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Russian Films Hit Fort Worth This Weekend
by Julissa Treviño 24 Aug 2012

This weekend Fort Worth joins just two other U.S. cities to host three Russian filmmakers who’ll showcase some of the best of Russian independent cinema.

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Guest blogger Julissa Treviño is a reporter at the Burleson Star and an arts fan from Fort Worth.

This weekend Fort Worth joins just two other U.S. cities to host three Russian filmmakers who’ll showcase some of the best of Russian independent cinema.

The New Russian Cinema Film Festival will play at the Modern Art Museum of Fort Worth Friday- Sunday. Only New York and San Francisco will also showcase these films. Here’s a preview

  • My Dad is Baryshnikov, playing at 7:30 p.m. Friday, is a semi-autobiographical feature from Brooklyn-based Dmitry Povolotsky about a teen with a ballet obsession. It’s set in the economically- and politically-changing 1980s Moscow.
  • Saturday’s film, Chapiteau-Show, will be shown in two parts – the first at 2 p.m. and the second at 5 p.m. It weaves together four short stories about relationships through caberet-style songs. Director Sergei Loban, who has a cult reputation in Moscow’s underground culture, also gained acclaim in 2011 when he won the Grand Jury Prize at the Moscow International Film Festival.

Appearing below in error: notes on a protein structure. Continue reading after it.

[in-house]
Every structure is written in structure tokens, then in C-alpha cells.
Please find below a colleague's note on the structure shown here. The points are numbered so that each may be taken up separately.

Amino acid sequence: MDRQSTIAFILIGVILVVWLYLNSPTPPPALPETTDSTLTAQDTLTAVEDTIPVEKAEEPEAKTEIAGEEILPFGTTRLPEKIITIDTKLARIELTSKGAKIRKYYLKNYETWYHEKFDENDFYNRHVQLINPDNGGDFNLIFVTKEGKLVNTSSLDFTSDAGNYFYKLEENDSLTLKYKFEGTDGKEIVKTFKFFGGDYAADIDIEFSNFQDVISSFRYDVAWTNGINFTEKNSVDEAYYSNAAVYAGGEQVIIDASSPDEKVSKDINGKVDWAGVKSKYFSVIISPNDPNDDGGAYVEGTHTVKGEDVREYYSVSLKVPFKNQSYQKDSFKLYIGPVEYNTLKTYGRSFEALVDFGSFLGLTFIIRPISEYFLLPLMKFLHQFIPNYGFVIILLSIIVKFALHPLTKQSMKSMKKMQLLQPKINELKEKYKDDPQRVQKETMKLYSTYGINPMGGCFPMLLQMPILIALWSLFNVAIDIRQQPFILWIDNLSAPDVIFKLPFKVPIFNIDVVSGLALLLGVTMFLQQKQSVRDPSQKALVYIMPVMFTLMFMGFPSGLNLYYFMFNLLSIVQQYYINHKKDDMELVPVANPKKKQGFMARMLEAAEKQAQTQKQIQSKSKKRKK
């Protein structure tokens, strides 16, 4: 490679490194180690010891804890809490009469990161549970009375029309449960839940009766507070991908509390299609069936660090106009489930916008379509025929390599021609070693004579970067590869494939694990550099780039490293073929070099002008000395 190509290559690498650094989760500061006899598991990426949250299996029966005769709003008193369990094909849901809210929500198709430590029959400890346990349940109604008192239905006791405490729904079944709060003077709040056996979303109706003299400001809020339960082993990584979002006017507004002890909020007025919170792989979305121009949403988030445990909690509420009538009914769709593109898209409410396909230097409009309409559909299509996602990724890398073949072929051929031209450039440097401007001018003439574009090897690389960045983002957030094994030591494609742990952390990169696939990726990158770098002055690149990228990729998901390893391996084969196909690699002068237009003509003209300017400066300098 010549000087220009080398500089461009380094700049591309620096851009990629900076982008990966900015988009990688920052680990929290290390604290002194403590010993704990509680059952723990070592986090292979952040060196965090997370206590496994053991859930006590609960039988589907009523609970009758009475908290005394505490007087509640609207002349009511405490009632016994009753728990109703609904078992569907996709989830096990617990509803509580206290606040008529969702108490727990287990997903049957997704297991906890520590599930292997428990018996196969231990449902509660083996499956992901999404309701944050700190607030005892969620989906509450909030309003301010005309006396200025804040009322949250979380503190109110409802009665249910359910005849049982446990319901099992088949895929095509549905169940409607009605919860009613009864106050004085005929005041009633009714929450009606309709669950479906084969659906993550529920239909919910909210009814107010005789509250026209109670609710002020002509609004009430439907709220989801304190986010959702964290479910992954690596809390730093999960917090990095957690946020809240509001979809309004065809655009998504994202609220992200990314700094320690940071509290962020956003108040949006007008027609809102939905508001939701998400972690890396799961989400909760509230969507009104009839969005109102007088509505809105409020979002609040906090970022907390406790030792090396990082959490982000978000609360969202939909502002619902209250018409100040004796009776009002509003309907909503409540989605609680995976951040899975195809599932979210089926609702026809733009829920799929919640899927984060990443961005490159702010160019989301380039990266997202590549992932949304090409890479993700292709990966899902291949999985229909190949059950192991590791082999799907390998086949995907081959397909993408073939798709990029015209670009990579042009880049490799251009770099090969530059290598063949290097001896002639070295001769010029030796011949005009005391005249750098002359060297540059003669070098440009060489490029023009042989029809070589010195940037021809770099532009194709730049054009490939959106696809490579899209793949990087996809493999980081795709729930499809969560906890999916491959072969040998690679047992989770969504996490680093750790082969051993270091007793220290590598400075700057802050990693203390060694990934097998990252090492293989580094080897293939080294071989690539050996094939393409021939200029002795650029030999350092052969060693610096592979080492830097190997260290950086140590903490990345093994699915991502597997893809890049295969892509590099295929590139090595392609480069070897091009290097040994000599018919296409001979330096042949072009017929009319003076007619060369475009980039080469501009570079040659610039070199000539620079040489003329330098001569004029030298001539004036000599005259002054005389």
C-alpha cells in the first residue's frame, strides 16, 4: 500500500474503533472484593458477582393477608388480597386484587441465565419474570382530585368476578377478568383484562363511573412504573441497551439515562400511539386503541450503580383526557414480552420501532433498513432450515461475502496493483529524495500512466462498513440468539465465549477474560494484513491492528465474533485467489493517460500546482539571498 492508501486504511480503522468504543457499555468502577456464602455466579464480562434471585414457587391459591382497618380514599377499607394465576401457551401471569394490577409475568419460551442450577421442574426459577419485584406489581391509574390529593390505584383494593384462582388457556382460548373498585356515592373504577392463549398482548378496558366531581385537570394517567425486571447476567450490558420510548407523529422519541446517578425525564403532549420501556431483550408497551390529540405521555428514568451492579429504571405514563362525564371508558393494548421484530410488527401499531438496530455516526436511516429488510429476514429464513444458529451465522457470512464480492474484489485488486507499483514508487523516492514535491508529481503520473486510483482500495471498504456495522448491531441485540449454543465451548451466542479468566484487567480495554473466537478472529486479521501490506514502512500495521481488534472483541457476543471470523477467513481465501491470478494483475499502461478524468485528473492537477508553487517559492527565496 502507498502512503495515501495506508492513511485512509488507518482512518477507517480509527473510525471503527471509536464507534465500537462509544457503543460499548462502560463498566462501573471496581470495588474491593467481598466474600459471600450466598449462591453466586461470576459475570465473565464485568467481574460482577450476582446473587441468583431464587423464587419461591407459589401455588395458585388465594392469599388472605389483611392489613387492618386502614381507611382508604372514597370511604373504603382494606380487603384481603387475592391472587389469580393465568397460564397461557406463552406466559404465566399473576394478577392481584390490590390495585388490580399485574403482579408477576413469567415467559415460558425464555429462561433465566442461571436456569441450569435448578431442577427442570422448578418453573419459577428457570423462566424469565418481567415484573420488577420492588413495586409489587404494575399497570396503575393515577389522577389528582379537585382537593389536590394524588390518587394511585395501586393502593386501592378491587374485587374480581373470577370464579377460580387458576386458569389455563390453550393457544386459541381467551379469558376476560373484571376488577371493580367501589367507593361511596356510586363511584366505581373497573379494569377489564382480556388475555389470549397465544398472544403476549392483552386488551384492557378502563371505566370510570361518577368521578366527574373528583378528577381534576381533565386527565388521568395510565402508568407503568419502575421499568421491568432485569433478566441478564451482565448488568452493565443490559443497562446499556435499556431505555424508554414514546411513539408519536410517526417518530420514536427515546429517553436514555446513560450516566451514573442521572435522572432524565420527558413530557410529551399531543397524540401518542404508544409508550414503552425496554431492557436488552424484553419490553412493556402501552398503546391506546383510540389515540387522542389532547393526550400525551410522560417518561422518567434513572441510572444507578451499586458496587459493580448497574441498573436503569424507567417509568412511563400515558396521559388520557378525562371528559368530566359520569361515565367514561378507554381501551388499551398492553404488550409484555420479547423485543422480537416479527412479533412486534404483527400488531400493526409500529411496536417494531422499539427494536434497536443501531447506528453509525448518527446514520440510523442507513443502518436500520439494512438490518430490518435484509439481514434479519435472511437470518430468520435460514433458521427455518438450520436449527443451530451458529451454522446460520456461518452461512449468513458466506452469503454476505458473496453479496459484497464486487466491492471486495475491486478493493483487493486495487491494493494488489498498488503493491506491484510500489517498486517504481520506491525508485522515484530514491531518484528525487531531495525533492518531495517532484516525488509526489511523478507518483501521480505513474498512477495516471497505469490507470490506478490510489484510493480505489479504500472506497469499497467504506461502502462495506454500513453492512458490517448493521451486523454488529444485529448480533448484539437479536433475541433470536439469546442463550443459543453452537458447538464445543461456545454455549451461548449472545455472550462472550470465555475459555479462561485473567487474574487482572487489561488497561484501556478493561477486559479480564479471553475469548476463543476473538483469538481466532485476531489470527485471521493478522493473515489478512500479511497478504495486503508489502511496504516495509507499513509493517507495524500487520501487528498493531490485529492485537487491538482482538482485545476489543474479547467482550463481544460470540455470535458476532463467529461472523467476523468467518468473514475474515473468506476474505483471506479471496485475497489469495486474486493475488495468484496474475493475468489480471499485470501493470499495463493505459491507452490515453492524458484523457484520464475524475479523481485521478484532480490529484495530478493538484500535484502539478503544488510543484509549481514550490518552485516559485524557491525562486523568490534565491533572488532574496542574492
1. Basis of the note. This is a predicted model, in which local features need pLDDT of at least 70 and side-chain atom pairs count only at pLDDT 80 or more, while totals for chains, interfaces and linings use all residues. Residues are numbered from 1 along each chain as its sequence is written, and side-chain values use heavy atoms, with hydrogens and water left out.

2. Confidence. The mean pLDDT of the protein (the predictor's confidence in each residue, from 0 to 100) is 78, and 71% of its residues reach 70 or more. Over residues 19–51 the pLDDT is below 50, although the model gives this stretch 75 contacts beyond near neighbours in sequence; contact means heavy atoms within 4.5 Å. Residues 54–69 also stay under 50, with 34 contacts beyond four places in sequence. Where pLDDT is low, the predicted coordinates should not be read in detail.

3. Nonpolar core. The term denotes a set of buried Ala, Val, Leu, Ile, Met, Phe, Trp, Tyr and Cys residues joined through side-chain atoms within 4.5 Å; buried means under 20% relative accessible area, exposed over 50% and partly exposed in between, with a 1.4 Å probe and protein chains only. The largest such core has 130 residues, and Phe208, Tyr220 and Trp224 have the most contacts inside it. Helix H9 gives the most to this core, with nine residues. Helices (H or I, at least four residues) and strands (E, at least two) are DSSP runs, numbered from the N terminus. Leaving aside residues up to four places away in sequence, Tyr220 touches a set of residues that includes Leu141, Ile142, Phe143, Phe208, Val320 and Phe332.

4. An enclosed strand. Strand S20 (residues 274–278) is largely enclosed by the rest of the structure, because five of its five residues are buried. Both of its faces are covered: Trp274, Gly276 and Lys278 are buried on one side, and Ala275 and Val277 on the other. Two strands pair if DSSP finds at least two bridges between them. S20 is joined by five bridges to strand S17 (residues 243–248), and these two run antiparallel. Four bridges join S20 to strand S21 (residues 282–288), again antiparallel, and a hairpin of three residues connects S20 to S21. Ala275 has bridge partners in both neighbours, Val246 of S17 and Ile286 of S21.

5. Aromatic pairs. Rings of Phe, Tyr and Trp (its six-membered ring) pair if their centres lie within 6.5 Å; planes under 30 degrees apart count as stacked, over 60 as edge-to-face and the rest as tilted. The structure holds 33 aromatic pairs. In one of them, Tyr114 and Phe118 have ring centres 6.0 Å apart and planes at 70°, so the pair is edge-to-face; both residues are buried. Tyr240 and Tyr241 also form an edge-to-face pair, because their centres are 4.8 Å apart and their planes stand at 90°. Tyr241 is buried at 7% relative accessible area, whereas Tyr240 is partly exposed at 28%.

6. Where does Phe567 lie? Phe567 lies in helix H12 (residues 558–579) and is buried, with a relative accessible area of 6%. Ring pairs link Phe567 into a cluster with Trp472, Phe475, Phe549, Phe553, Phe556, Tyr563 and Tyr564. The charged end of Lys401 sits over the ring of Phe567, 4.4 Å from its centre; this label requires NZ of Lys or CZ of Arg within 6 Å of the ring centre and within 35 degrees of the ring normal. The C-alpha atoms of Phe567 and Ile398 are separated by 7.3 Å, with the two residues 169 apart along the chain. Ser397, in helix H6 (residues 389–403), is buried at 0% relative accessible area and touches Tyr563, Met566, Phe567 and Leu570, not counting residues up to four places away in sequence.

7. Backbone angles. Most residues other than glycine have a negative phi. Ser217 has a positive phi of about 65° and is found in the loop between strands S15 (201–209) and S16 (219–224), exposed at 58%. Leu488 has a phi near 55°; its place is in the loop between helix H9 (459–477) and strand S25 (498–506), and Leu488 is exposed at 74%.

• Marriage is examined in Andrei Zvyagintsev’s Post-Soviet Russian-era Elena, a story about a woman in her 50s or 60s whose already distant marriage reaches a defining moment when her wealthy husband has a heart attack and becomes dependent on her care. That film will be shown at 2 p.m. Sunday.
  • The Hunter, a film set on a hog farm, is about a man and his relationship to his family. It’s has been described as the “most Russian film within the current resurgence of the country’s contribution to global art cinema.” Bakur Bakuradze’s film starts at 4 p.m. Sunday.

The festival comes to Texas as part of an exchange that began in June when three U.S. filmmakers traveled to the Moscow International Film Festival to show their work. The Modern Art Museum of Fort Worth and the Lone Star Film Society partnered with the Russian Ministry of Culture, the U.S. Embassy in Moscow and the city of Fort Worth’s Mayor’s Office to be part of the exchange.

Tickets are $8.50 for individual films; $6.50 for Modern members; $6 for Modern Reel People and Lone Star Film Society members. A festival pass is $25.

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